Prophecy of Preecha Por Intarapalit

Every year the Bangkok Post features the yearly horoscope predictions in its Outlook section. Their 2007 forecast for Geminis was spot on the money or lack of money. Today’s paper predicted good news Jan.-March, Obstacles solved April-June. Money flies into my pocket July but out for the next two months and then it’s smooth sailing to the end of the year.

Thais are big believers in palm reading and stars.

My wife smiled upon hearing the good news. My mia noi less so.

“Not say you leave your wife.”

Everyone interprets the predictions according to their needs no matter where you are on the feeding chain.

Recently published the forecasts of Preecha “Por” Intarapalit, the author of thousands of books.

Not much use to present day Thais who read two books a year, but his vision for Thailand in Pai Su Anakhot (Toward the Future) portrayed a nation where cars flew at rather low levels. “There were propellers on their roofs. Sports or private monoplanes flew in scatters here and there not unlike birds. All of a sudden, everybody sighted a huge train, with two tram-like carriages joined together, running at no less than 60-kilometres-per-hour on tracks about ten metres above Sukhumvit Road.”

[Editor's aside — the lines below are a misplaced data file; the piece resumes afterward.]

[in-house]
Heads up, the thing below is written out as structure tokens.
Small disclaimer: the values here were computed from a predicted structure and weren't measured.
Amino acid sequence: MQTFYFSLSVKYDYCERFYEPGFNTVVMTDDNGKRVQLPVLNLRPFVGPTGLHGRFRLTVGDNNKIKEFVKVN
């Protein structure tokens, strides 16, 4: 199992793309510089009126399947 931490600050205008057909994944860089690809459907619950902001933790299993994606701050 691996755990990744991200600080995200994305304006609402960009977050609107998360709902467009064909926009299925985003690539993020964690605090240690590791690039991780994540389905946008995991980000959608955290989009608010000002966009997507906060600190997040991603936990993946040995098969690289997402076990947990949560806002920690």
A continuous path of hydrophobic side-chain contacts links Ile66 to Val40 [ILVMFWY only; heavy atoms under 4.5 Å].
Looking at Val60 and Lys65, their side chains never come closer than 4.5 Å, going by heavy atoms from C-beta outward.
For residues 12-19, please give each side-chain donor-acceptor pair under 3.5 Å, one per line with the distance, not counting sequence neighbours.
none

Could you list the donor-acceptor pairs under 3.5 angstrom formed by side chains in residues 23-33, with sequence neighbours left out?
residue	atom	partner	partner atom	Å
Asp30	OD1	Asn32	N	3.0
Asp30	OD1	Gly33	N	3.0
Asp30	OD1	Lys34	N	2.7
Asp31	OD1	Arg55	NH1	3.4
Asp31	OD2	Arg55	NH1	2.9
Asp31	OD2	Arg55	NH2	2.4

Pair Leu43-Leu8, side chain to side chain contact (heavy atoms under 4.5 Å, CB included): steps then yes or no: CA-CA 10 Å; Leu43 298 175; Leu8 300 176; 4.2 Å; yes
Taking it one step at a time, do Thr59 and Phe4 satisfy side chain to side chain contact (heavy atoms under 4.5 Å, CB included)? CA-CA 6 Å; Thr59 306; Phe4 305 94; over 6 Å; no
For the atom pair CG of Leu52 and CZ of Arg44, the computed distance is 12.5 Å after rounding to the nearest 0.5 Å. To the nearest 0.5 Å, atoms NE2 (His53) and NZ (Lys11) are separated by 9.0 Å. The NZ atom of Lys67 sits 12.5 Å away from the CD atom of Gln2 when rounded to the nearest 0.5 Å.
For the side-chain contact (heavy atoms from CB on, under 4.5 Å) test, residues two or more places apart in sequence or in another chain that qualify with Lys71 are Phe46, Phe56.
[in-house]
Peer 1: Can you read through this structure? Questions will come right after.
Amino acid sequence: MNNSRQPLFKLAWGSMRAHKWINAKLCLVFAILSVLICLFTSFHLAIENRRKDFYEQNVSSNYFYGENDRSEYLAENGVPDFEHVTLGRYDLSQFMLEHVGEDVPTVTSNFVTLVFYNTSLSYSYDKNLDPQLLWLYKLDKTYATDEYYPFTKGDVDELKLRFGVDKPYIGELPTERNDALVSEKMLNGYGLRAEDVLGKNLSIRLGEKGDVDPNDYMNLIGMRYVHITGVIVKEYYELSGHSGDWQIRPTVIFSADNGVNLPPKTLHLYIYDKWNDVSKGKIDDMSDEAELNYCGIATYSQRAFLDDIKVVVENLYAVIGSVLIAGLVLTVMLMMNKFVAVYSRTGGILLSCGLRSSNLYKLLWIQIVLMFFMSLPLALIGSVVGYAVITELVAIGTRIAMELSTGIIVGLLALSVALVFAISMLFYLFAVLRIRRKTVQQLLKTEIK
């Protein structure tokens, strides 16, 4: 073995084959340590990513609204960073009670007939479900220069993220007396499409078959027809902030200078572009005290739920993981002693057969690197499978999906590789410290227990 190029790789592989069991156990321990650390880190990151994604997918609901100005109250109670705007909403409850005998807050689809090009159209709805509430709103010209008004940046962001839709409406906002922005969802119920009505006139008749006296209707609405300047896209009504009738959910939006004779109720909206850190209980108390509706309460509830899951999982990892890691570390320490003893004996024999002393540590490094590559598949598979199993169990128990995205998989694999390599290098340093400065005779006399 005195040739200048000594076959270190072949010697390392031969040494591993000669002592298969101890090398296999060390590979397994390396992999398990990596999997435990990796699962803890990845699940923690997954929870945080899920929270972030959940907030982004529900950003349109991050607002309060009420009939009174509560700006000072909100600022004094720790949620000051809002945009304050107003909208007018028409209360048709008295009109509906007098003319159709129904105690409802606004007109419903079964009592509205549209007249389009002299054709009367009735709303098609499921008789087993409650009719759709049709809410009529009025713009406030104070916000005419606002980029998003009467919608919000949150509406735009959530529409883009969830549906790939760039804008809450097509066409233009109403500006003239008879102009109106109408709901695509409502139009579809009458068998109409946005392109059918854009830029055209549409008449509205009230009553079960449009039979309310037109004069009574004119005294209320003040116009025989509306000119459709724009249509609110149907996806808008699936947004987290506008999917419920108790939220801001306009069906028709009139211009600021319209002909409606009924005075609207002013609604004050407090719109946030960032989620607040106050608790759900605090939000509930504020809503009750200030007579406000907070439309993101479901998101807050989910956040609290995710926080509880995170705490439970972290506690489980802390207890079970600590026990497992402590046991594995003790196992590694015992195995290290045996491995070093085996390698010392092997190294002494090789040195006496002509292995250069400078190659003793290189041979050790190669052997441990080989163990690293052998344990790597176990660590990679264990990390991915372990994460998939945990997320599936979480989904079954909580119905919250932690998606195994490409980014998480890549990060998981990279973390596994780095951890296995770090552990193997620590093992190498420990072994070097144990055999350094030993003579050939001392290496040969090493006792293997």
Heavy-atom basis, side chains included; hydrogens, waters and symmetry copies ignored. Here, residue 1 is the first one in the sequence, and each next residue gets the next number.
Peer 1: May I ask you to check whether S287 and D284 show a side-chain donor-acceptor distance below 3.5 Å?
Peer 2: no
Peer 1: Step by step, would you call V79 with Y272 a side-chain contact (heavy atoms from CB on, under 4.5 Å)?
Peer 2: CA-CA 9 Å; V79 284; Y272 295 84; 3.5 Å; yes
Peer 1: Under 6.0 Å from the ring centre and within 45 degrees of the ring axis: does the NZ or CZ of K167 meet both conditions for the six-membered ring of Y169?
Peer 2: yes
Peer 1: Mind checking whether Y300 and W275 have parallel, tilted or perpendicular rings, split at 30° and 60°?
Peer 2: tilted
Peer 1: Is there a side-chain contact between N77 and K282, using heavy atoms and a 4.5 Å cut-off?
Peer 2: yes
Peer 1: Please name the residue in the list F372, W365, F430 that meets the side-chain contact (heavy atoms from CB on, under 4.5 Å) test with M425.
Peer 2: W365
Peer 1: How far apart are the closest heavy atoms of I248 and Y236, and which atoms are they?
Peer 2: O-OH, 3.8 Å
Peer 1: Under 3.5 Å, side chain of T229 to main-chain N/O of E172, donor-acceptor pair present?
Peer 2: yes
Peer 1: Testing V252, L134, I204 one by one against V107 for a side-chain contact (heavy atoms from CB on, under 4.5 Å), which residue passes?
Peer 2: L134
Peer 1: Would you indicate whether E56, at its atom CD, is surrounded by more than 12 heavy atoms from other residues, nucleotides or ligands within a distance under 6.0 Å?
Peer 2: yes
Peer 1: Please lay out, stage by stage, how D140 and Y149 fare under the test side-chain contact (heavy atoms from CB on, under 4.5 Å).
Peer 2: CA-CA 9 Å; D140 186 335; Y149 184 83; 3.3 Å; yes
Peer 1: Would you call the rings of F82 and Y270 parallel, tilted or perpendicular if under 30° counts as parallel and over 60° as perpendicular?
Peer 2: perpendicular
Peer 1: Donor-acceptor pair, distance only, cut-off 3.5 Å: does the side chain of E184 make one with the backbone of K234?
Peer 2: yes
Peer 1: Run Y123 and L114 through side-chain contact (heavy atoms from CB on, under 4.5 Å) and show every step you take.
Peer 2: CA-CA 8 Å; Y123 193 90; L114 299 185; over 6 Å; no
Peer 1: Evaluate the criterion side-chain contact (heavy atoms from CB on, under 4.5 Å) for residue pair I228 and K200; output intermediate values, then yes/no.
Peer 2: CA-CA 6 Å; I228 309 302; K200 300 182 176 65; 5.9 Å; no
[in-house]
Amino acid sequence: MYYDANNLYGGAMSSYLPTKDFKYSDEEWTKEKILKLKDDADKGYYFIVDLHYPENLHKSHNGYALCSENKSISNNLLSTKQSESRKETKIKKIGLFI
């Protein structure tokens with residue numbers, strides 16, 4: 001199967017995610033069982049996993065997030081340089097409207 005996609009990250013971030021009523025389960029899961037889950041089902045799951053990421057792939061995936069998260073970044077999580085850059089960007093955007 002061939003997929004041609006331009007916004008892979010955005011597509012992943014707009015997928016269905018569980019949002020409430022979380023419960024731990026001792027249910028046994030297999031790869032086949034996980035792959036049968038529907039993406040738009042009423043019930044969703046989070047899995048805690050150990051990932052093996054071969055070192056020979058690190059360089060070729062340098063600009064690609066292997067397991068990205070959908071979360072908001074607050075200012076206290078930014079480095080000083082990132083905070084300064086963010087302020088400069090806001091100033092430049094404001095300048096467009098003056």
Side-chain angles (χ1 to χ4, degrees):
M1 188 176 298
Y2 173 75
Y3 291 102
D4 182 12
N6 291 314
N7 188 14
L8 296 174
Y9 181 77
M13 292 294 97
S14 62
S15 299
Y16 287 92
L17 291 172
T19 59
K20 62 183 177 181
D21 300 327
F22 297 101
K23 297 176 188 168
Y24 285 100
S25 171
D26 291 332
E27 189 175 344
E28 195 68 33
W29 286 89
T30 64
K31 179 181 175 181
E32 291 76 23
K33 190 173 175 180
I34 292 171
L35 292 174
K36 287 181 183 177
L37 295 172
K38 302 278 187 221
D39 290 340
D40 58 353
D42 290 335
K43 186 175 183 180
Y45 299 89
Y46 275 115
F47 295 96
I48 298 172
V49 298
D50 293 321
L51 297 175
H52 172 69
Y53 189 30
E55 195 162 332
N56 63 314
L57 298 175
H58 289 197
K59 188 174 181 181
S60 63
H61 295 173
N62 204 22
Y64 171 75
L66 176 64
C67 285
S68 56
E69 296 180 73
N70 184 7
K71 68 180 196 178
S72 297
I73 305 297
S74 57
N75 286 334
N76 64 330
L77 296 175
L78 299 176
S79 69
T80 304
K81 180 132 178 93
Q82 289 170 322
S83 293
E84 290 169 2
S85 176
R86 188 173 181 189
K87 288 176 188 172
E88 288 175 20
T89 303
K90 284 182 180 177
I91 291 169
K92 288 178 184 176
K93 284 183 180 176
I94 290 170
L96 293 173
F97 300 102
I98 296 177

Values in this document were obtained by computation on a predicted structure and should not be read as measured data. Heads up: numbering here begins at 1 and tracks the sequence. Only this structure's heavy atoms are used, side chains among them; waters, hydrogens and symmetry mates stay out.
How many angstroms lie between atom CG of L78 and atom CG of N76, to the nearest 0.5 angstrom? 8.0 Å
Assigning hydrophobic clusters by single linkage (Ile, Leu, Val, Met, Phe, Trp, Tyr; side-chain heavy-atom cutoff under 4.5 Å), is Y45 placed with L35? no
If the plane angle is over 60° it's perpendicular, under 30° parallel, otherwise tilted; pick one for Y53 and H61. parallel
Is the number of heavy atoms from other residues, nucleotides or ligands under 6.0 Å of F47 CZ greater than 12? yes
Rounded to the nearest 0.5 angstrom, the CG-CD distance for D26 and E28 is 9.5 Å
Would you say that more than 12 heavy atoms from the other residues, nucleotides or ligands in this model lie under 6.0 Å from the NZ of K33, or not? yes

“One could see skyscrapers with at least 20 to 80 stories, the top floors rising into the thick clouds. Fluttering from the top of each building was the tri-coloured national flag. The crowds on Sukhumvit bustled by in a hurry, men in their suits and women in their one-piece outfits. The people of Bangkok looked not so different from the Europeans or Americans.”

The narrator asked his son in a hoarse, shaky voice …

“Tell me, Nop, is this Bangkok or Paris? How come all these cars and planes are flying like dragon-flies?”

“This is Bangkok, Father. This is Bangkok of 2007.”

Por described rice fields, orchards and canals giving way to massive buildings and spacious roads; tap water was in abundance and Bangkok was lit up day and night by a pair of “man-made moons”. The affluent would spend all day trading stocks and shoppers in supermarkets could shop “’til they drop” – just dumping stuff from the shelves in their trolleys and paying at the exits. The citizens of Bangkok would be dressed in Western clothes and speak English instead of Thai. Transport would come in a variety of forms – from taxis to flying cars, helicopters, elevated trains and personal jets. The sick would receive swift and polite treatment from nurses and doctors (“no more scolding, threatening, and back-slapping!”). Those over 65 would be put in beautiful nursing homes under the constant care of medical staff with four meals a day, and last but not least, everything would be free.